We’ve partnered with numerous SIOP presenters, and they’ve provided us with the nitty-gritty on some of the very best presentations, offered to you in a multi-part series.
Is telecommuting an effective work arrangement? A new review of the existing research makes informed conclusions about telecommuting implications for different work outcomes, including job satisfaction, organizational commitment, stress, performance, wages, withdrawal behavior, and firm-level metrics. So what’s the bottom line? Does telecommuting make life better or worse?
For some jobs, working from home is just not possible. This is especially true if you are an assembly line technician, postal worker, coal miner, or pirate. But in the new economy, many professions require little else but a computer and mouse. This is why telework—or working from home—is all the rage. But does it work? And is it good for employees?
You have a wonderful idea about how to improve your workplace, but will you tell anybody about it? Sometimes speaking up is difficult to do. After all, you might be chastised or mocked for daring to challenge the status quo. New research shows that the mood of the potential listener may help determine whether or not you choose to speak up.
The “olden days” means something different to everyone. For me, it means a time when the internet wouldn’t start without a 60 second cacophony of assorted beeping and scratching sounds. But we can all agree that in the olden days career paths were different than they are now. How have careers changed? And how have generational differences in the workplace contributed to how people handle these changes?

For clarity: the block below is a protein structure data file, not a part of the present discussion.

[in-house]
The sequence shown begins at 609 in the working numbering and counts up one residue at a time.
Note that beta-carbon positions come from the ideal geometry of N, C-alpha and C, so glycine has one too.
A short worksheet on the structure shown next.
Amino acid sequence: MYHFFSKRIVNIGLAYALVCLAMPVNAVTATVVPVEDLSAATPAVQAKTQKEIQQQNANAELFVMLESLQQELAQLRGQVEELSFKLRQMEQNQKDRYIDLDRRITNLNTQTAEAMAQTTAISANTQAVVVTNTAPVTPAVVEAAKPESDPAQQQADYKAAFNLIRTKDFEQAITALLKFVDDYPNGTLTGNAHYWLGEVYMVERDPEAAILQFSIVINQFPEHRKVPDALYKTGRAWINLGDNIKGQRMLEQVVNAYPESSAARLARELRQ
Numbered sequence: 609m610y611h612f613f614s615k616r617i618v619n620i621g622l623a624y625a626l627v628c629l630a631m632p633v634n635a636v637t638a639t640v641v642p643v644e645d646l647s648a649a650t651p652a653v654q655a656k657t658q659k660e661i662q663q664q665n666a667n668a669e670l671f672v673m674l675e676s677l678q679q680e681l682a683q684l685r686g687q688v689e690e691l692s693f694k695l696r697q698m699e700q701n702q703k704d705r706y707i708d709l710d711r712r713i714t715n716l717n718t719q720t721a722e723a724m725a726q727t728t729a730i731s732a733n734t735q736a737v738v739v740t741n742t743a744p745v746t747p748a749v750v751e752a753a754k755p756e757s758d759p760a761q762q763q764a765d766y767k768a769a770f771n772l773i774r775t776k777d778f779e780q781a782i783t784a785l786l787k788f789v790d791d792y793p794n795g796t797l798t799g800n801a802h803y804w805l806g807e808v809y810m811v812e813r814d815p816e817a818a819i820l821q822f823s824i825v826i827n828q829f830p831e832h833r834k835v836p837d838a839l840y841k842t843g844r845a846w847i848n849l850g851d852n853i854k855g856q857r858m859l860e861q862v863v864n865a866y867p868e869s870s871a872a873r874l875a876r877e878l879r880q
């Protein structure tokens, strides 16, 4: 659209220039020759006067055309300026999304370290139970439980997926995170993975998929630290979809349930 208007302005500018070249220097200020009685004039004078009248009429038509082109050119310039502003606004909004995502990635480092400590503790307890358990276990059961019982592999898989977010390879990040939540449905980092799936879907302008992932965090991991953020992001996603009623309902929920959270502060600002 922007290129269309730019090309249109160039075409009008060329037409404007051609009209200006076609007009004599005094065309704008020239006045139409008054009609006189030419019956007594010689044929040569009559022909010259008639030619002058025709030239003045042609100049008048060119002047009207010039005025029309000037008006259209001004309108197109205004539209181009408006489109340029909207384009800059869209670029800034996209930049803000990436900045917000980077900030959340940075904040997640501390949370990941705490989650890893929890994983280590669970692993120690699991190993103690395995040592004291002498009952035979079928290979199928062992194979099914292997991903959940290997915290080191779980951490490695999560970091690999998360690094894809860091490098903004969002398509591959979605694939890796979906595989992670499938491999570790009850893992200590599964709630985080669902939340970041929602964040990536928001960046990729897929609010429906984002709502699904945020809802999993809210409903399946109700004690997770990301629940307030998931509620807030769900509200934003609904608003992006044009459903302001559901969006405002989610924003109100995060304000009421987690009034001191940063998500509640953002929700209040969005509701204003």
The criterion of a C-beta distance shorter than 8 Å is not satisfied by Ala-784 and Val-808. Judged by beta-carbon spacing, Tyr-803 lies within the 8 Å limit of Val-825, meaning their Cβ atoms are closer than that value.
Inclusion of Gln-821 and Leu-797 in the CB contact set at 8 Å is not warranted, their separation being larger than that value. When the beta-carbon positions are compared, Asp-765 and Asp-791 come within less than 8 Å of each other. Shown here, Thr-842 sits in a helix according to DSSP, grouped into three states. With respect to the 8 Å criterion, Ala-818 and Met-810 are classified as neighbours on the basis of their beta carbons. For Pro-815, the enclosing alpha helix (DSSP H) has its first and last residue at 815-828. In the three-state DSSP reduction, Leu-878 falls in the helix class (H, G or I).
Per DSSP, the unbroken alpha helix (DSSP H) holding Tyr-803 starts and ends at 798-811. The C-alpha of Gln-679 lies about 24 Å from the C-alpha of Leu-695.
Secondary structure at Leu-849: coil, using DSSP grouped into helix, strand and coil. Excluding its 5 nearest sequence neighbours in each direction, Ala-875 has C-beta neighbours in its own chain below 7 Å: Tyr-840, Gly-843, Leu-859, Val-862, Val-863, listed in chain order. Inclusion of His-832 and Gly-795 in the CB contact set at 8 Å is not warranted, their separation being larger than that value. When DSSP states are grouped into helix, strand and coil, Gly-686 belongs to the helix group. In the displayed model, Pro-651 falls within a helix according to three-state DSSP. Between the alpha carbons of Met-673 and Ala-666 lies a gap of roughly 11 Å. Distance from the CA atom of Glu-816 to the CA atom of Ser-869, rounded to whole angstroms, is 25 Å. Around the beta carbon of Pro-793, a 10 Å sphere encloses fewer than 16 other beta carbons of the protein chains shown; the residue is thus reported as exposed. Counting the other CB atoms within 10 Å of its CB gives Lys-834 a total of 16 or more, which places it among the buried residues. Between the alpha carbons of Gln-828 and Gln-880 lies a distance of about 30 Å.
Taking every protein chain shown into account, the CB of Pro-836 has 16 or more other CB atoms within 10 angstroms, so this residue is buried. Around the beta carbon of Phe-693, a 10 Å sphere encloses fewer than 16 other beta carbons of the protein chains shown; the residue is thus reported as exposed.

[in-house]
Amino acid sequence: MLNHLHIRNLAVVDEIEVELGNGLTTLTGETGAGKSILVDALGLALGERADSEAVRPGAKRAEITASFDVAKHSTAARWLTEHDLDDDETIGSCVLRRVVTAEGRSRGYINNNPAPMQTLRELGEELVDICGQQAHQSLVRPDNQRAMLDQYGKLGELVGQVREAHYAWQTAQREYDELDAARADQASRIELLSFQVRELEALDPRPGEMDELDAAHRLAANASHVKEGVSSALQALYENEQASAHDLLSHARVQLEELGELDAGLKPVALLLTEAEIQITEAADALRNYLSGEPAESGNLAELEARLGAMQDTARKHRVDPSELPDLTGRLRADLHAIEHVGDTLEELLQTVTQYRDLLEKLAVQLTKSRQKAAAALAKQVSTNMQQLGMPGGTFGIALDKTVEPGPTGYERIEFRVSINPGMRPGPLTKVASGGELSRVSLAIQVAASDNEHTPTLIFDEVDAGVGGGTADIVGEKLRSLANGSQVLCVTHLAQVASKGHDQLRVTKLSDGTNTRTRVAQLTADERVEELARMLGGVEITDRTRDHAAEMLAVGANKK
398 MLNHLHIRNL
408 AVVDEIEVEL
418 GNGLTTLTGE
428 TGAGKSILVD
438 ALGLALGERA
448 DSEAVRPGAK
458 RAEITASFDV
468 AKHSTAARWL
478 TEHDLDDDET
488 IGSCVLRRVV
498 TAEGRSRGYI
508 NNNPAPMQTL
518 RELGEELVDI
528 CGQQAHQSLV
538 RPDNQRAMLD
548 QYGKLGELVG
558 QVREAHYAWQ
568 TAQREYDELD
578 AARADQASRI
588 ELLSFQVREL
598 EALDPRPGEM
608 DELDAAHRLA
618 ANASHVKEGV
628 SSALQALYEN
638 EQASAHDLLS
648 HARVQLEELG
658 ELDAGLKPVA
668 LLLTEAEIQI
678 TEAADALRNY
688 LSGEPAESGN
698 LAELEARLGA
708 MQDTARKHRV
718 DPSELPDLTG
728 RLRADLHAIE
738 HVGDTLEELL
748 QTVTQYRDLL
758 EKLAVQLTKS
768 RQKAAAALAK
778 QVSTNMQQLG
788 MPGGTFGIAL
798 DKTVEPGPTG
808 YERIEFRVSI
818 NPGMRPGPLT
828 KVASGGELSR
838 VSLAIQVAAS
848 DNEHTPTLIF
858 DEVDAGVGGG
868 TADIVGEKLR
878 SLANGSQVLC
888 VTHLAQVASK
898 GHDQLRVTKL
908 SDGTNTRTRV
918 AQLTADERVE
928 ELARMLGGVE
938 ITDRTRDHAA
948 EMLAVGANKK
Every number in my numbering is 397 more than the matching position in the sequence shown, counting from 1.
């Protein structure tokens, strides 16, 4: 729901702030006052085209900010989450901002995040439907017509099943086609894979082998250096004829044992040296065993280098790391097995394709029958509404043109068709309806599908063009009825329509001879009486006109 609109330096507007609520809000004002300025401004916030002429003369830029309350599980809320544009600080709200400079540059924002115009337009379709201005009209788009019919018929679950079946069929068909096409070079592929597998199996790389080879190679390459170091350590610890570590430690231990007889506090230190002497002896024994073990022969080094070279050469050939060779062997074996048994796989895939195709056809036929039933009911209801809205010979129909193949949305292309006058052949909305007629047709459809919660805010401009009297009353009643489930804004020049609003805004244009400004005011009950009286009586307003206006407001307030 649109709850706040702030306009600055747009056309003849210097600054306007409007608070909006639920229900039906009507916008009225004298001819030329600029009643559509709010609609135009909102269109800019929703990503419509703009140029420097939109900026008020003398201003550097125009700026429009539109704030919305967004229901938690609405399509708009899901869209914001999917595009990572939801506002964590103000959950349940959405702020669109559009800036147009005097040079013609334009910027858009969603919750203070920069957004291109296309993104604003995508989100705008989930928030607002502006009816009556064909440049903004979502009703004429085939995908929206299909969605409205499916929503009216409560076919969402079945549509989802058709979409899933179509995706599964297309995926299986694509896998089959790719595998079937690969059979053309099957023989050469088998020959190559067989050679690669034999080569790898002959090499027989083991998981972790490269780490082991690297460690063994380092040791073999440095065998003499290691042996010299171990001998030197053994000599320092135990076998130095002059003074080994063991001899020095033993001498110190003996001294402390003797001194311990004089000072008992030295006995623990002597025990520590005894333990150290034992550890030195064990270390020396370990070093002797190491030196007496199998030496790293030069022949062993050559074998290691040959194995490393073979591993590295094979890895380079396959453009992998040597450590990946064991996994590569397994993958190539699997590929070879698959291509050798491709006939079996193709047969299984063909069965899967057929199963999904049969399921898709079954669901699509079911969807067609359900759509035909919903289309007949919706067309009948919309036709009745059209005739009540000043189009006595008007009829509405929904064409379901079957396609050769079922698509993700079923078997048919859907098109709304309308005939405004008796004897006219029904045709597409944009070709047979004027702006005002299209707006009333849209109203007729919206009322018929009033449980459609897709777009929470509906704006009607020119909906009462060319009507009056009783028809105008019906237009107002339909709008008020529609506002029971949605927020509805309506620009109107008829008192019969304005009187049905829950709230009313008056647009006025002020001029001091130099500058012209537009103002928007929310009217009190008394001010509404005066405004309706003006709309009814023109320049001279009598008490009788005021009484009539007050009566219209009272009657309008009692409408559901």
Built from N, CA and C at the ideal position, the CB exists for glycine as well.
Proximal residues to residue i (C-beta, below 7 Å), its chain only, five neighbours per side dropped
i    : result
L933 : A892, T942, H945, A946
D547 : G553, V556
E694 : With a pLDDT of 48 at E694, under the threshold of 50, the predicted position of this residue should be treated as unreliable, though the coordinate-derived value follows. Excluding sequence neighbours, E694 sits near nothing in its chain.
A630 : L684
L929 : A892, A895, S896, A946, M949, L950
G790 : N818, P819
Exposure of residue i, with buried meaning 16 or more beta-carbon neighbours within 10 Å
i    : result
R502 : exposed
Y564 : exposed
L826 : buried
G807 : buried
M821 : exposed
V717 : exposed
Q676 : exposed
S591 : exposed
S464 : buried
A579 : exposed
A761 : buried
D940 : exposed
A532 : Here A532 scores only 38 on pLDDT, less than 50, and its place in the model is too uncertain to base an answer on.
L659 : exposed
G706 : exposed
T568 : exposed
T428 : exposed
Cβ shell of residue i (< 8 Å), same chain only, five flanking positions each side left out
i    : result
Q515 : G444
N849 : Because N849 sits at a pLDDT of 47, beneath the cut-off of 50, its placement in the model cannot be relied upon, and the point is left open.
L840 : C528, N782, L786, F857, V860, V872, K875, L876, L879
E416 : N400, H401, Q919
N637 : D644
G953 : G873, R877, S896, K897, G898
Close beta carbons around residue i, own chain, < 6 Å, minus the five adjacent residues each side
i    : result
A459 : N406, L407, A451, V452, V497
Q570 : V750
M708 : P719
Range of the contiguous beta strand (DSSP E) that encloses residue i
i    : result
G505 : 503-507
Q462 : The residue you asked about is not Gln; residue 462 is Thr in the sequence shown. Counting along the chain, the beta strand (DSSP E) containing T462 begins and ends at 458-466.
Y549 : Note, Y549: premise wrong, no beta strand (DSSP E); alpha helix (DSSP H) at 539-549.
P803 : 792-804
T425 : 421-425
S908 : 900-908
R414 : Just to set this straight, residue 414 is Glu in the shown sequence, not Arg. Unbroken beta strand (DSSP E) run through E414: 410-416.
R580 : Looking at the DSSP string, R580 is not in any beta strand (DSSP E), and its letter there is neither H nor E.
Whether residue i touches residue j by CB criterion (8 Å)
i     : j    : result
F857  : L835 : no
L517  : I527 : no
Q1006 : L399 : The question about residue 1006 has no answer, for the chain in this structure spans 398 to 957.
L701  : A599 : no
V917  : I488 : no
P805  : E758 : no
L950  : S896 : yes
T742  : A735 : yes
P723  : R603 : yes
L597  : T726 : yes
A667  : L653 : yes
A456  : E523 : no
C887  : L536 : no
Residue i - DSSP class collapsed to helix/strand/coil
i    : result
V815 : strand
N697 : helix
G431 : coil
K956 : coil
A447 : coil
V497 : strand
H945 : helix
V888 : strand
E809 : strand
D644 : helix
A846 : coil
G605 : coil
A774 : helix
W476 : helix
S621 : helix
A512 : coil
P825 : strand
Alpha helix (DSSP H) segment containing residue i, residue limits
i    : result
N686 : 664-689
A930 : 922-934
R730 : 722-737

Facebook walls, Twitter feeds, nosy co-workers peeking over cubicles, sometimes it feels like our privacy is under constant attack. But even though workplace privacy is a growing concern for many employees, not everyone has the same privacy needs. What can organizations do to fulfill the privacy needs of all their employees?
While some may criticize gossip in the workplace, a new study on “Retelling Stories in Organizations” finds that narrative repetition can play an important role in the development of organizational culture. Researchers found that these stories have the potential to influence employees’ perception of reality, and have moral and behavioral implications as well.
We’ve all seen employees in the service industry subjected to abusive behavior by rude customers. A new study by Ruodan Shao and Daniel P. Skarlicki finds that employees’ reactions to mistreatment by customers varies in individualistic and collectivistic cultures. It also suggests several solutions for dealing with the stress such rude treatment often causes.
When it comes to problem solving at work, it doesn’t necessarily matter what you know as much as who you know. Employees who work directly with products or customers have first-hand experience with some of their company’s biggest issues. But many don’t have the influence or resources to solve those